A new study by the University of Roehampton has shown that computing in schools is in decline.
Despite Government’s recognition of the importance of digital education, most prominently demonstrated through the new £84million National Centre to improve the teaching of computing, this report suggests that the overall number of computer science and ICT qualifications taken by students at Year 11 has decreased by 45 per cent.
Overall, the number of computer science qualification entries dropped to 175,230 in 2018 from 318,781 a year earlier. With the removal of ICT GCSE in 2018, the report warns that if pupils do not take computer science, it is unlikely they will be getting any computing education beyond the age of 14.
Of particular concern to techUK, who has long called for the UK to invest more in the building of a strong digital skills pipeline, are the remarks of Peter Kemp, senior lecturer in computing education at the University of Roehampton who said:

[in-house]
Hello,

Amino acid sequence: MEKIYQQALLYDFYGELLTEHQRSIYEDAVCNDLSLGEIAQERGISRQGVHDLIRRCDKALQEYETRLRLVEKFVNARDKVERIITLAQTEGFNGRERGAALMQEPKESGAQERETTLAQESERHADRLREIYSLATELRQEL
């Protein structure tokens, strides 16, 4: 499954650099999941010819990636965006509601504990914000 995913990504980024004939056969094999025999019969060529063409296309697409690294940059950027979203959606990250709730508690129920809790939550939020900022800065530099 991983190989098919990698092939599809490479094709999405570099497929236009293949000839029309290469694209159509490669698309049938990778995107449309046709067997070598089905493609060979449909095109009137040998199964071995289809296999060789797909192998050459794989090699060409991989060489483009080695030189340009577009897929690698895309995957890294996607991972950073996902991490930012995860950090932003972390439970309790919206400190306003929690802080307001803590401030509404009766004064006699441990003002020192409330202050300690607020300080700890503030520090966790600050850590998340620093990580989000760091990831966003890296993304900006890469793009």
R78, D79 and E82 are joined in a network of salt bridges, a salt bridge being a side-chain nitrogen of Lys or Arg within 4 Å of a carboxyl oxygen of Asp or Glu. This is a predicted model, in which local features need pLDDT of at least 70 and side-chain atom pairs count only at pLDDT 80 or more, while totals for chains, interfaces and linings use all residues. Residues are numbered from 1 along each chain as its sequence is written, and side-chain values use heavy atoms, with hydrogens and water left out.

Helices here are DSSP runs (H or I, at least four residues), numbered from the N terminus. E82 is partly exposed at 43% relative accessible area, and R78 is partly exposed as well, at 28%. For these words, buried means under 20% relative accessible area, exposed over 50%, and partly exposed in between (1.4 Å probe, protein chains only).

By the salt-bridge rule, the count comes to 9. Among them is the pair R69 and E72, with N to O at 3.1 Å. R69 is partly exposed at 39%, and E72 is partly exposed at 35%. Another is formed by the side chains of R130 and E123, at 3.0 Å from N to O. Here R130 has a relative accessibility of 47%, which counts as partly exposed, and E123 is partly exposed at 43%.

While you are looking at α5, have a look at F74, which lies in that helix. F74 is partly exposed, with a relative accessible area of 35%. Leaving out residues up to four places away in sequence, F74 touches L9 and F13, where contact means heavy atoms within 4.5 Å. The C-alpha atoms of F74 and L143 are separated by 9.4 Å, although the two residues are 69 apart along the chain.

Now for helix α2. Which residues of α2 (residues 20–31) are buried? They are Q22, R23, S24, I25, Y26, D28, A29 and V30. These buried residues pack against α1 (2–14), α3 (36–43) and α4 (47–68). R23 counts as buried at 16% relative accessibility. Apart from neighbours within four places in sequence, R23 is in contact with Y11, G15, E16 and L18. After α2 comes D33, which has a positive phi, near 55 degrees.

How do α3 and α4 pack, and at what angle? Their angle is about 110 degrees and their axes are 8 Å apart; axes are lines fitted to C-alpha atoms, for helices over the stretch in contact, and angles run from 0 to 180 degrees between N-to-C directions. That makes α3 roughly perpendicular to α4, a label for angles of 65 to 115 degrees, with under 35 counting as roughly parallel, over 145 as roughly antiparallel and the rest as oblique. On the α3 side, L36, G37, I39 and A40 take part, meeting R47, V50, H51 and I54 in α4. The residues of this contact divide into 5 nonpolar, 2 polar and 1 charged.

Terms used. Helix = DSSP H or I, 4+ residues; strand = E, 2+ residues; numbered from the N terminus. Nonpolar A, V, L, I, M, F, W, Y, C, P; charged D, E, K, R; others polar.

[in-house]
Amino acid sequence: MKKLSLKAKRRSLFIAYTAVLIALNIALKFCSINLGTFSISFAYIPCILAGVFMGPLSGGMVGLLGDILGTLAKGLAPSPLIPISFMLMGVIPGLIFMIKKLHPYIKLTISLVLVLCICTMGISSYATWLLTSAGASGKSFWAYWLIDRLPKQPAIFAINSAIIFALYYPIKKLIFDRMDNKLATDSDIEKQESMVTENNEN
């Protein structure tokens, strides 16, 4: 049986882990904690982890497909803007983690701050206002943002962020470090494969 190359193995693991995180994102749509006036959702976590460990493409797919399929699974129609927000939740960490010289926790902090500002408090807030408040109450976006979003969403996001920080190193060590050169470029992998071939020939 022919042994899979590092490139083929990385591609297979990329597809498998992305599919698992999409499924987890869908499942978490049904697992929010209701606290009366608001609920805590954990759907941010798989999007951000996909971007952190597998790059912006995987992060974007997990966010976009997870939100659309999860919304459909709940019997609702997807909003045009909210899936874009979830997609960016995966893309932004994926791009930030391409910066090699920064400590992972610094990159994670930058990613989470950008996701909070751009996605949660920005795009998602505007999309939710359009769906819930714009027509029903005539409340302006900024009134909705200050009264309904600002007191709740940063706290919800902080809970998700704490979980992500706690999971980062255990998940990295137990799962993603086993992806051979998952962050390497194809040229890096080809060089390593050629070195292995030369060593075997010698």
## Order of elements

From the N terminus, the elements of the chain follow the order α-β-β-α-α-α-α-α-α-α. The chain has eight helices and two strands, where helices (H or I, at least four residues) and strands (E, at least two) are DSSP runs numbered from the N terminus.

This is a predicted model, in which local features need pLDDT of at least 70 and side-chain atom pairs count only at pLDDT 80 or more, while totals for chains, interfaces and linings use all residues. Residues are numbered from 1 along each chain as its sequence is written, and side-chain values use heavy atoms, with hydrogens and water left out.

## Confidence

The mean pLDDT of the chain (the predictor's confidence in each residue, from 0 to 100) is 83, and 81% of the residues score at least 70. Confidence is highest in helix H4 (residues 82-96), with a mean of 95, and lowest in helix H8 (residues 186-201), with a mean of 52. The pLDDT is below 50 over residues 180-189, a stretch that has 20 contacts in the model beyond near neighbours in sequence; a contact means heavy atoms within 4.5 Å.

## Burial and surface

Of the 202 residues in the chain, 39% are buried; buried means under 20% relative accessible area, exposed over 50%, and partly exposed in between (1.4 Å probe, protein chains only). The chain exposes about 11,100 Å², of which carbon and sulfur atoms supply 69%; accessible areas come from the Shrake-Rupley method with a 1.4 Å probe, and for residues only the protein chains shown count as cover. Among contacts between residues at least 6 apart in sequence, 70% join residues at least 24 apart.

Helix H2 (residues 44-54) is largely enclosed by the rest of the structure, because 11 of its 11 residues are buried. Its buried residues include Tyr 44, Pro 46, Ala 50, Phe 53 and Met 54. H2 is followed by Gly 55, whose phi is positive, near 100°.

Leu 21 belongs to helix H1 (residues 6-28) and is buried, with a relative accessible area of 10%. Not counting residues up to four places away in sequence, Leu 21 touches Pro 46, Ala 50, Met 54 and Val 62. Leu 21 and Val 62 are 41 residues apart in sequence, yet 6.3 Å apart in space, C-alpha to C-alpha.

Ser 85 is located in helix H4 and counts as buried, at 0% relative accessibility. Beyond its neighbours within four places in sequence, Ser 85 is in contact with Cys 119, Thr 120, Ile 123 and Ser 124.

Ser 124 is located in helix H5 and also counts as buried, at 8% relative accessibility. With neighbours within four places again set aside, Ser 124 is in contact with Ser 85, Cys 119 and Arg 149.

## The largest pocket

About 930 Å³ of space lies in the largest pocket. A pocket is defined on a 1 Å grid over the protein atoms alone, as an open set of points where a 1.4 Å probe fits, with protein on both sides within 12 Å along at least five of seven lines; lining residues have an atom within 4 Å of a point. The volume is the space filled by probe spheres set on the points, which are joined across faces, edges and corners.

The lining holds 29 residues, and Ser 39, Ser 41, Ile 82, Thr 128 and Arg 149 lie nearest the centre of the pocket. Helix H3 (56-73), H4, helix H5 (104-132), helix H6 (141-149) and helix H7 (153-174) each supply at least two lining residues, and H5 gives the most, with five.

"It looks likely that hundreds of thousands of students, particularly girls and poorer students, will be disenfranchised from a digital education over the next few years."
A career in tech has plenty to offer individuals from different backgrounds and we need to ensure these opportunity is made available to all. The job creation in our sector continues to far outstrip the supply of people out there, so as we look at building an expanding the skills pipeline we must ensure it is diverse and inclusive. This report should worry us all.
We need to ensure young people aren’t put off at school and are encouraged to see what doors can be unlocked to them by studying computing. If this means revising how this subject is portrayed or investing further to ensure teachers are able to teach it well, then this is an investment that should be made – it is an investment in the future.